SREs, Risk Stratification, and Agents in Development

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Daniel J. George, MD, remarks that 2 things matter to patients with mCRPC: survival (how long they are going to live) and quality of life. For patients with substantial tumor burden due to bone metastases, skeletal-related events (SREs) have a negative impact on quality of life. SREs may involve spinal cord compression, pathologic fracture, and substantial bone pain; also, treatment with external beam radiation may be required. Thus, it is important to prevent skeletal-related events whenever possible.

Zoledronic acid is indicated for the treatment of patients with documented bone metastases from solid tumors, in conjunction with standard antineoplastic therapy. Denosumab is a RANK ligand (RANKL) inhibitor indicated for the prevention of SREs in patients with bone metastases from solid tumors. Radium-223 is indicated for the treatment of patients with mCRPC, symptomatic bone metastases, and no known visceral metastatic disease. The combination of zoledronic acid and radium-223 was studied in the Alpharadin in Symptomatic Prostate Cancer Patients (ALSYMPCA) trial; however, the combination of denosumab and radium-223 was not studied, as denosumab was not widely available in Europe at the time of the trial.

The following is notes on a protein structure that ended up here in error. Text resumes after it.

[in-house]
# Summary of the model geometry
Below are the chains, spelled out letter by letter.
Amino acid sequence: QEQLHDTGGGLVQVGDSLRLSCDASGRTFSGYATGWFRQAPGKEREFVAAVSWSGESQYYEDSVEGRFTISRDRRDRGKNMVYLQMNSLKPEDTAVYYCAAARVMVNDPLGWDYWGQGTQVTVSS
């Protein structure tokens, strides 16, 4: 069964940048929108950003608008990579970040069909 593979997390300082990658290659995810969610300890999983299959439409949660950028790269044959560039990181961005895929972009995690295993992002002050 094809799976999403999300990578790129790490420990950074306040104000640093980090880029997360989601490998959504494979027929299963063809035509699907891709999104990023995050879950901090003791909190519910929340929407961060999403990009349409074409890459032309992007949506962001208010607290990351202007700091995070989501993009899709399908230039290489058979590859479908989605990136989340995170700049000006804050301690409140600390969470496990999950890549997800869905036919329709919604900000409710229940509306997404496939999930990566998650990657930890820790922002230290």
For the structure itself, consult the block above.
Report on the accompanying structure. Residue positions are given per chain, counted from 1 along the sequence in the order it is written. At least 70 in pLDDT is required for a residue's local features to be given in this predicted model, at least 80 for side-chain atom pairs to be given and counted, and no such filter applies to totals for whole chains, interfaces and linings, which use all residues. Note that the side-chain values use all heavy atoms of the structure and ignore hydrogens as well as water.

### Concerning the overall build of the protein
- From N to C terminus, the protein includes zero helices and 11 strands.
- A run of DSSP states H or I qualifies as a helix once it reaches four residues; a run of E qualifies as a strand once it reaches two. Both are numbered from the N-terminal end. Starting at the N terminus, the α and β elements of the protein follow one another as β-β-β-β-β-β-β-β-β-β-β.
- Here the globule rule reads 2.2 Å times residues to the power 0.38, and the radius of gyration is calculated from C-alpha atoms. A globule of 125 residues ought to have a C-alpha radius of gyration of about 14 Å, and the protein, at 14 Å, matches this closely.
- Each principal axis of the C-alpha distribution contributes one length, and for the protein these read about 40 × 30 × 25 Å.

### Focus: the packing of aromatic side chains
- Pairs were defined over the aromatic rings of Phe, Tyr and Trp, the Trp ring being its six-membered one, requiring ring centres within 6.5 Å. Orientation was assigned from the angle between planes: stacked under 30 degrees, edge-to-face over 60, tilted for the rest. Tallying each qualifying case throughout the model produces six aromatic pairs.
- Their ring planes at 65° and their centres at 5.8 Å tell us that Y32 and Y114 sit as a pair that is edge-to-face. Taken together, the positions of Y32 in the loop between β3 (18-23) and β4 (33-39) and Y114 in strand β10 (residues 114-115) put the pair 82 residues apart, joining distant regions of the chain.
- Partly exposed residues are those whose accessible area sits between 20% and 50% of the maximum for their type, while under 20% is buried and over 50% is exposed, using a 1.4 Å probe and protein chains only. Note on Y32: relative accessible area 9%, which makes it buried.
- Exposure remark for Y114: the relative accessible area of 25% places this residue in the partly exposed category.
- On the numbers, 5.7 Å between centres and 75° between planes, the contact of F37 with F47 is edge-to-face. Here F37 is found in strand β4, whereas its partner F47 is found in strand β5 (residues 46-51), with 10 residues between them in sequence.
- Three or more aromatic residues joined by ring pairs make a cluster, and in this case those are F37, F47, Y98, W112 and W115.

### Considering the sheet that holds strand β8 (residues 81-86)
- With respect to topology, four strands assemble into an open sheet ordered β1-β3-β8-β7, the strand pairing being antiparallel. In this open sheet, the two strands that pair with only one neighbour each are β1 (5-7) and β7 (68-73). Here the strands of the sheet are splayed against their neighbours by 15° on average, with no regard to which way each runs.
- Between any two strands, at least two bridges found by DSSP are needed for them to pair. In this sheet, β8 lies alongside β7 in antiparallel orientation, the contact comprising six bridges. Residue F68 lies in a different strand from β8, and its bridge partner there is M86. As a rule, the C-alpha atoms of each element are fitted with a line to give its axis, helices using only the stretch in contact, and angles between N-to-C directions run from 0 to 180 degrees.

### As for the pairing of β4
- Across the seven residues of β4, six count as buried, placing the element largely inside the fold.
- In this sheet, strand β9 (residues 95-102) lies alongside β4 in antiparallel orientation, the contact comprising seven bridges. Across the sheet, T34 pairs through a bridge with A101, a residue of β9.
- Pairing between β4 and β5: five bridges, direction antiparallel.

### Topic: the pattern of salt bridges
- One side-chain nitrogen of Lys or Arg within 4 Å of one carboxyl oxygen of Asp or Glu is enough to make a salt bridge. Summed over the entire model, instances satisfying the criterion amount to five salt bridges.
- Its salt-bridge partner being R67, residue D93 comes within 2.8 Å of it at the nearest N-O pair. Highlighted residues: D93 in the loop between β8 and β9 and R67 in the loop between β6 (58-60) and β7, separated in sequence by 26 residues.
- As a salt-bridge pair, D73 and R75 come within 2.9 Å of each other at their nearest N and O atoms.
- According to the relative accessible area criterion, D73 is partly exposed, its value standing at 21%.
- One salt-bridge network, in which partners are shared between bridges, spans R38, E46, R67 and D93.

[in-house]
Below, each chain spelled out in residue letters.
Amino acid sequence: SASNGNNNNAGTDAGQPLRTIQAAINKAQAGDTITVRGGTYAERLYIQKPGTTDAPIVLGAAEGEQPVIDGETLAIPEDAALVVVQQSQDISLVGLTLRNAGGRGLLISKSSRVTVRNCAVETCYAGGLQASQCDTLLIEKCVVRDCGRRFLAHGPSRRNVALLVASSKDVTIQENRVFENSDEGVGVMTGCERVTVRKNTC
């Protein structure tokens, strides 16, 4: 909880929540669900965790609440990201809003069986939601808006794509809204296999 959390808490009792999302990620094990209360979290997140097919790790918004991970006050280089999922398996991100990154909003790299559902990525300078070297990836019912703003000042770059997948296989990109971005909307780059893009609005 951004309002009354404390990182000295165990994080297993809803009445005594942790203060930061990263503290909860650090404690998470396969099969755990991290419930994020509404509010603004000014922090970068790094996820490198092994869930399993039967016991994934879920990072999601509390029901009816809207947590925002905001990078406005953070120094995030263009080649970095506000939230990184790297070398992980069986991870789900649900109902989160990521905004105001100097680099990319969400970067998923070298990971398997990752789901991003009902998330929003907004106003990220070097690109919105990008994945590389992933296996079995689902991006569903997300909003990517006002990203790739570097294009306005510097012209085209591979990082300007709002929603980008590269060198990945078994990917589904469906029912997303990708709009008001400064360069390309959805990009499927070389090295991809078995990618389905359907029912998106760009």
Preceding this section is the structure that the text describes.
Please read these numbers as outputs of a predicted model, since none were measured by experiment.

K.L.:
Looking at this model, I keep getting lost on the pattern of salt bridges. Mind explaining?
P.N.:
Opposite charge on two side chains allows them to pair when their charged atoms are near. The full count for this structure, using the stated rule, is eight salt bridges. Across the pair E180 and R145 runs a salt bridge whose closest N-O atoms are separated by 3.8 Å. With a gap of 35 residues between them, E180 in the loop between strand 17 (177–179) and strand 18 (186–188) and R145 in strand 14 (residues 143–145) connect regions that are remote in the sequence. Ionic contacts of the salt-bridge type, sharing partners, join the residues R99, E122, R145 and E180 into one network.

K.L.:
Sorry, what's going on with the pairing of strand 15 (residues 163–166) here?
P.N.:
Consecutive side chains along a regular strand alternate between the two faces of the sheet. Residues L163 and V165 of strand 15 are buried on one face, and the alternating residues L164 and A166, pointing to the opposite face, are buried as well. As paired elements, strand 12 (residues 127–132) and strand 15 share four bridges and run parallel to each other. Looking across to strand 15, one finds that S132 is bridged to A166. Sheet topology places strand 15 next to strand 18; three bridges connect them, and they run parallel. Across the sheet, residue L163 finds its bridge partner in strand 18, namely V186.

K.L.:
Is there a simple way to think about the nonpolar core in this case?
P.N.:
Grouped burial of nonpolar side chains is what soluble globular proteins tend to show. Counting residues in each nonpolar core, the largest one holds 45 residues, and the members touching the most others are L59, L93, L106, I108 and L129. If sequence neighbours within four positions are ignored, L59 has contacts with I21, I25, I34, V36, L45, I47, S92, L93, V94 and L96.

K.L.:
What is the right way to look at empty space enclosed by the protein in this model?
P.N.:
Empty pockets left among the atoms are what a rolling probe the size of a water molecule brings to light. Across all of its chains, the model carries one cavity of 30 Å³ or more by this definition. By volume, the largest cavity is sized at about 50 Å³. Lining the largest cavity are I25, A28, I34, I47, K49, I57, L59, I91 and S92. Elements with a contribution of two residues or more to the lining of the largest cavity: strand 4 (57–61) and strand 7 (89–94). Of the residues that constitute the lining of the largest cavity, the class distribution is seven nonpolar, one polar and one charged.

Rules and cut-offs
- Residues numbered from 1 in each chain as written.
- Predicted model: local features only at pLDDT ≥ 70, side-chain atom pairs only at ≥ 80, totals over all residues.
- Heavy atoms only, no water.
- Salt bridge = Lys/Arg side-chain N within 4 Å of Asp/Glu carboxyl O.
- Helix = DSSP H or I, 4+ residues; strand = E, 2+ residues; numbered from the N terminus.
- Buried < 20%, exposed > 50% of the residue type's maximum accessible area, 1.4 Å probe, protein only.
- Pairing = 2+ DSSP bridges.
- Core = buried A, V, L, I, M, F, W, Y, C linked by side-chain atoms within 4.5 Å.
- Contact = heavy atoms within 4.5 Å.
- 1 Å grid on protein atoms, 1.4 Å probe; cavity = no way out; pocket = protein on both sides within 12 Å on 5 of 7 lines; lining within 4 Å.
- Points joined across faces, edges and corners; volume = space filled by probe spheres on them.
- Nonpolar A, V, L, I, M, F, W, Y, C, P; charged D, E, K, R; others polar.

The results of the ALSYMPCA trial showed that zoledronic acid in combination with radium-223 was well tolerated, and there was a trend toward better clinical outcome in patients who received both agents. George remarks that in his practice, 40 patients have been treated with radium-223. The majority of these patients have been treated with denosumab previously or concurrently. There have been no significant bony complications in patients who received the combination of denosumab and radium-223.

Oncotype DX is a new technology for risk stratification that can help clinicians better understand a patient's risk profile in terms of pathologic stage and risk of progression. Oncotype DX assesses the genes that are expressed in a tumor and tests for a set of genes that have been shown to correlate with increased risk of having an upgrade in Gleason score. This information is critical, as a change in Gleason score from a Gleason 6 to a Gleason 7, for example, changes a clinician's comfort level with active surveillance. For patients with a Gleason score of 7, the results of large randomized studies have shown a survival advantage with radical prostatectomy versus deferred therapy.

Several emerging therapies are currently being evaluated for the treatment of prostate cancer, including cabozantinib, a multi-targeted tyrosine kinase inhibitor that blocks both VEGF and c-MET. The results of phase 1 and phase 2 trials have shown that cabozantinib has broad activity in several solid tumors. In prostate cancer, cabozantinib has demonstrated effects on pain and on bone scan changes. Also, a number of immunotherapies are being investigated, including Prostvac and ipilimumab, a CTLA-4-blocking antibody.

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